Within a 6-month period, through our routine practice, we found 3 cases of severe disseminated disease in humans caused by S. zooepidemicus. The purpose of this study was to 1) characterize the clinical presentation of the disease caused by S. zooepidemicus, 2) microbiologically characterize the isolated strains, and 3) identify clonality of human isolates for comparison to equine isolates from contact horse stables and other horse farms of the surrounding area.
A 57-year-old man, a farmer and horse breeder from central Finland, was admitted unconscious and febrile to the emergency room of a principal hospital in February of 2011. Cerebrospinal fluid (CSF) was collected, and he was referred to the intensive care unit. He had aortic valve insufficiency and had been catheterized 3 months earlier. His condition was septic, with clinical symptoms of meningismus and pulmonary congestion. The C-reactive protein (CRP) level was 564 mg/L (reference <3 mg/L) and the leukocyte count 15.9 × 109 cells/L (reference 3.4–8.2 × 109 cells/L). Microscopy staining of the CSF revealed gram-positive cocci in chains with a considerable number of polymorphonuclear cells. The next day, bacteria subsequently identified as S. zooepidemicus (Table 1) grew from the CSF and 4 of the 4 blood culture bottles, leading to a primary diagnosis of meningitis and sepsis. Intravenous high-dose penicillin treatment (5 weeks) was started in combination with gentamicin (first 10 days). Two and a half days after admission, the patient regained consciousness. Intravascular coagulopathy developed, and 20 days later, progressive endocarditis. The bicuspid native aortic valve was resected the same day, and several bacterial patches were observed. His perioperative blood cultures remained negative. Neurologic sequelae did not develop, but his recovery and rehabilitation required several weeks.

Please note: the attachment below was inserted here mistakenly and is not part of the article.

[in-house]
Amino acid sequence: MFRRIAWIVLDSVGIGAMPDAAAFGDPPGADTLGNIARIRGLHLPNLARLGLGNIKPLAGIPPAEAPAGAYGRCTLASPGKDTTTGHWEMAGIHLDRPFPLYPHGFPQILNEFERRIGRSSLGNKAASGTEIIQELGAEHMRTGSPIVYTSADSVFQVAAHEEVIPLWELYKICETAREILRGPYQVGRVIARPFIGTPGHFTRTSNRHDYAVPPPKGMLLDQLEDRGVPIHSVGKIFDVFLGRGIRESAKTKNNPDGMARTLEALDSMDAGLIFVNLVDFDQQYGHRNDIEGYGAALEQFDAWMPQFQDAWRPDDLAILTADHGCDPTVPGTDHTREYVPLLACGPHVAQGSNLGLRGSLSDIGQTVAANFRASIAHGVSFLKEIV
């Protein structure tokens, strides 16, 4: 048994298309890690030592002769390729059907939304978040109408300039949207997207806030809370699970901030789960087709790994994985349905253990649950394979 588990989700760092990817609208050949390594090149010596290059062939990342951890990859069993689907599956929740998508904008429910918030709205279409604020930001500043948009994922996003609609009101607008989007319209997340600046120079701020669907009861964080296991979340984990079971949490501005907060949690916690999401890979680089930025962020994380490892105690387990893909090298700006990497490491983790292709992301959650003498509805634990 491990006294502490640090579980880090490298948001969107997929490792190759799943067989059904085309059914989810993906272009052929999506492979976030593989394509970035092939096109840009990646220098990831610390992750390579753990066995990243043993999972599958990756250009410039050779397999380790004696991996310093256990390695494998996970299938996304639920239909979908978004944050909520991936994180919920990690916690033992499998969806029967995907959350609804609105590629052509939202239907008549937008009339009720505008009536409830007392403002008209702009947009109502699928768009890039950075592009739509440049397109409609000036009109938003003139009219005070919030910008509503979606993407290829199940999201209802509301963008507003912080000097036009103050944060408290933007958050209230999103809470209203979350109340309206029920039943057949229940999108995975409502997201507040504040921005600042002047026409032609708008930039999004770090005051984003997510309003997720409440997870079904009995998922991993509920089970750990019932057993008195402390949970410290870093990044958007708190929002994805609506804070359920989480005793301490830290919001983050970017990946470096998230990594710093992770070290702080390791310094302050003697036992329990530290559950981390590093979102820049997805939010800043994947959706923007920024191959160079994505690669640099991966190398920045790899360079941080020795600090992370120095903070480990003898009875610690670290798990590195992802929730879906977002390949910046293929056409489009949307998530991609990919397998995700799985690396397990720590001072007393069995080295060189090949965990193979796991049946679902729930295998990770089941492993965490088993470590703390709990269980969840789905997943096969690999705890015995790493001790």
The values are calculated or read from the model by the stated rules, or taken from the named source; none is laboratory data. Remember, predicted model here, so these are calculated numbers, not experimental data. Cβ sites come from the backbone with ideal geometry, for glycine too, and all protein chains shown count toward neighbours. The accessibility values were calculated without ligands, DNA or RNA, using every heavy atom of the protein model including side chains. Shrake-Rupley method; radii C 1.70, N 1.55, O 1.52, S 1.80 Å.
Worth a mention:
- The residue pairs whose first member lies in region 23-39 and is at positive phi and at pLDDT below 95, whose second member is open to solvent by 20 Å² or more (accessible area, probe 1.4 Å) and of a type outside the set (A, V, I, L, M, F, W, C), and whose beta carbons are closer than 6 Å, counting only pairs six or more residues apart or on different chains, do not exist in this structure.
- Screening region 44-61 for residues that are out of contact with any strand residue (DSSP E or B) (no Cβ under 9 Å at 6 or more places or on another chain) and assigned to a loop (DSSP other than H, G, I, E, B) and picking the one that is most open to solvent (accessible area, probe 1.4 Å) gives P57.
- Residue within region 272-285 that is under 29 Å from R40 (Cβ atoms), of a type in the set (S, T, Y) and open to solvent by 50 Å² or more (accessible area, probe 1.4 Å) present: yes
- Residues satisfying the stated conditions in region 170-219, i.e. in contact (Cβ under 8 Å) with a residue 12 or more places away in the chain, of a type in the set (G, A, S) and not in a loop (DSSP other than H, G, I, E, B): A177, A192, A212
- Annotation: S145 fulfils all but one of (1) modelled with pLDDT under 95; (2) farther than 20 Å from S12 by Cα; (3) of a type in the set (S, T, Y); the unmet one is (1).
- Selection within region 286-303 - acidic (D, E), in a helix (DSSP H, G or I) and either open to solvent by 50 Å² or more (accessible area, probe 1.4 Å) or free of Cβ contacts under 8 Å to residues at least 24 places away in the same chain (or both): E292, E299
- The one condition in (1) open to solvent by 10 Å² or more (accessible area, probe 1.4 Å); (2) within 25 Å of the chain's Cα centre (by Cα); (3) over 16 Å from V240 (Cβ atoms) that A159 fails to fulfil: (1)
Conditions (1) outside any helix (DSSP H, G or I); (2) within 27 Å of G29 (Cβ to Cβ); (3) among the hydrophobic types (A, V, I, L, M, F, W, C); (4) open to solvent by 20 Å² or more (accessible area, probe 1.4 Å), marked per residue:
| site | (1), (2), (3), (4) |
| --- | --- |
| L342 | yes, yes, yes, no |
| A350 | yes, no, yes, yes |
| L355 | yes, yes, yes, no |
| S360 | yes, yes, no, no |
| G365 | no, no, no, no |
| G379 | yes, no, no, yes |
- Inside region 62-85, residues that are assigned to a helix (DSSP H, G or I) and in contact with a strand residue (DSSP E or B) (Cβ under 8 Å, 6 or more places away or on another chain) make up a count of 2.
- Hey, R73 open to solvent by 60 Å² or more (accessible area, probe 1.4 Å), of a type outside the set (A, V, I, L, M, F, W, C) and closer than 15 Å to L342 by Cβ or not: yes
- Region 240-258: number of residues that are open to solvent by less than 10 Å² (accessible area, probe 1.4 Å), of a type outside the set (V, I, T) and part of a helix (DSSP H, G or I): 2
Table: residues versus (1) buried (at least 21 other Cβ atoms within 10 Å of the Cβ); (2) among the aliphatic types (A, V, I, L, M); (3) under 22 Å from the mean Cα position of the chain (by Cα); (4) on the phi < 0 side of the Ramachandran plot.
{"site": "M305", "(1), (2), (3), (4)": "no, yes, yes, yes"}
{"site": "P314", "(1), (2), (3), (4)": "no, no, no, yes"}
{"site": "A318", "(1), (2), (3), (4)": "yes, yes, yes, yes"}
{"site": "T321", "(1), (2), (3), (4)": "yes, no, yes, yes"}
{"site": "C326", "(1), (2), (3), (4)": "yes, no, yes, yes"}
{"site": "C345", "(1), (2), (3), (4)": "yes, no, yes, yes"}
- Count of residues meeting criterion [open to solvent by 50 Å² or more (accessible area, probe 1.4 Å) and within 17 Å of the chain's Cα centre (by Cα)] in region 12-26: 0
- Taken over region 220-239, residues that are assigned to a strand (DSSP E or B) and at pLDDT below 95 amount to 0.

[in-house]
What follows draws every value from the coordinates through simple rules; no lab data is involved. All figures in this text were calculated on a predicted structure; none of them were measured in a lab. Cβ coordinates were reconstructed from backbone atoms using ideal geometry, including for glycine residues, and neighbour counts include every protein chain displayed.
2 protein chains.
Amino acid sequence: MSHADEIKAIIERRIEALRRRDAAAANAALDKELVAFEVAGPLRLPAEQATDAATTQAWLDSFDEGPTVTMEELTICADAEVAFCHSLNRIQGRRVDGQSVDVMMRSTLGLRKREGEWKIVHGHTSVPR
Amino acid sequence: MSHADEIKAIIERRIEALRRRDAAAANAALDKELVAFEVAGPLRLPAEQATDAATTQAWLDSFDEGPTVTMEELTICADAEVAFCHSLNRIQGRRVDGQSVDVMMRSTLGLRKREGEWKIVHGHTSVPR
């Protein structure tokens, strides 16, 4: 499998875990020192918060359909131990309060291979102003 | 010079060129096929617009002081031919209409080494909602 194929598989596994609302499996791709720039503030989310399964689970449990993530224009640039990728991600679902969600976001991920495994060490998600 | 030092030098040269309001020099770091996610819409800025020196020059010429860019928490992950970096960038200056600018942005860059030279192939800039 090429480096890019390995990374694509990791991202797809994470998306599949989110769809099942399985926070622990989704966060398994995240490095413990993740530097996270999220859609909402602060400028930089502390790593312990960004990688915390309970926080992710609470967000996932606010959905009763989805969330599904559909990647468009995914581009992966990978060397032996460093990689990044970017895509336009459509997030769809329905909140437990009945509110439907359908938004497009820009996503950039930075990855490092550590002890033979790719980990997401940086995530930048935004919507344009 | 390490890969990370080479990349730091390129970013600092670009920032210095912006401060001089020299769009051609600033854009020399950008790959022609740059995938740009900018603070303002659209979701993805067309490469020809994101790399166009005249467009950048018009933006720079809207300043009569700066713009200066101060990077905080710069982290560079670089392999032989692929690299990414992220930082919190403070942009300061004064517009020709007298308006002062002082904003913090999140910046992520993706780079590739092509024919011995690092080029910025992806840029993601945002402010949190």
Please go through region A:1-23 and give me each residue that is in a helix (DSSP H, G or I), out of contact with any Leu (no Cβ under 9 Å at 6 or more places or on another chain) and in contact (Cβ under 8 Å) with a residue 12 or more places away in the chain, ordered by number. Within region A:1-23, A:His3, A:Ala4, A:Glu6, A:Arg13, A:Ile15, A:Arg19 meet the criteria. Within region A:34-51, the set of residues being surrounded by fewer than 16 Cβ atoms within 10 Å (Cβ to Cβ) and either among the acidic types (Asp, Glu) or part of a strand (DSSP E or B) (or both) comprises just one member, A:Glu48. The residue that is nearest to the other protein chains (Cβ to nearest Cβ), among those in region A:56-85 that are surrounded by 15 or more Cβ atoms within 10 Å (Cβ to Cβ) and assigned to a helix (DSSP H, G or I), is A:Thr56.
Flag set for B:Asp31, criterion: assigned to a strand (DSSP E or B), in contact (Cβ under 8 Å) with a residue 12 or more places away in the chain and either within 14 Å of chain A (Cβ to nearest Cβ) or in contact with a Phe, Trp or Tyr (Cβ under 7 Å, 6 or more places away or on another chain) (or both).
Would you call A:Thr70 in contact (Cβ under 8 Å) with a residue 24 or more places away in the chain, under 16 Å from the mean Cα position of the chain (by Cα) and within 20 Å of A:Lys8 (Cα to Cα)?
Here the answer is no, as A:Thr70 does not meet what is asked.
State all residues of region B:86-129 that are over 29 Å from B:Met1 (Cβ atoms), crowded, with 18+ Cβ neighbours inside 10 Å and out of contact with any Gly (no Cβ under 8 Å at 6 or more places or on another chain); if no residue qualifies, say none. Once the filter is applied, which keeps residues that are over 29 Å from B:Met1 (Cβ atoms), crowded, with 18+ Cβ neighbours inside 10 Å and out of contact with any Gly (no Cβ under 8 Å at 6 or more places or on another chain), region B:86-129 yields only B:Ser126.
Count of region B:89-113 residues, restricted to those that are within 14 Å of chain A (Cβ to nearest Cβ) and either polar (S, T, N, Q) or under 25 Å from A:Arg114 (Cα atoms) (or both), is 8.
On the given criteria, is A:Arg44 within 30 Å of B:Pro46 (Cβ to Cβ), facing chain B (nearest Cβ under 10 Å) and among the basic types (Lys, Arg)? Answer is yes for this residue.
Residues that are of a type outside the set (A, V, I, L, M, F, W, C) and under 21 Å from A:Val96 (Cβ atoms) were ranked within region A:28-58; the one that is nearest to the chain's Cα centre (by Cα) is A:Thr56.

A 62-year-old-man, a truck driver and horse trainer from eastern Finland, returned home from work in a febrile and confused state in May 2011. The next day, on hospital admission, he had pain and swelling of the right knee and right shoulder. He was hyperglycemic and had untreated non–insulin-dependent diabetes mellitus. The synovial fluid aspirated from his knee was turbid, with a leukocyte count of 86.0 × 109 cells/L and a high percentage of polymorphonuclear cells (87%). The CRP level was 329 mg/L and the blood leukocyte count was 19.3 × 109 cells/L. Antimicrobial drug therapy with intravenous cefuroxime was started. The next day, bacteria subsequently identified as S. zooepidemicus were cultured from his right knee and 4 of 4 blood culture bottles (Table 1). On the third day, arthroscopic synovectomy and irrigation of the right knee was performed, and the procedure was repeated. Cefuroxime was changed to intravenous vancomycin without therapeutic response. The CRP level remained high (229 mg/L) and the leukocyte count was 15.3 × 109 cells/L. Next, a combination of penicillin G with clindamycin was administered. He had no evidence of endocarditis, but Tc99m scintigraphy revealed an uptake in the patient’s right shoulder and lower jaw region. Arthroscopic debridement and irrigation of the right shoulder were performed, and purulent synovial fluid was collected for culture. Antimicrobial drug therapy continued with intravenous cefuroxime and clindamycin for 2 weeks; thereafter, with oral cephalexin and clindamycin for 1 week. The patient’s clinical condition gradually improved, and finally, he was able to walk with crutches. He was discharged from the hospital 6 weeks after the onset of illness.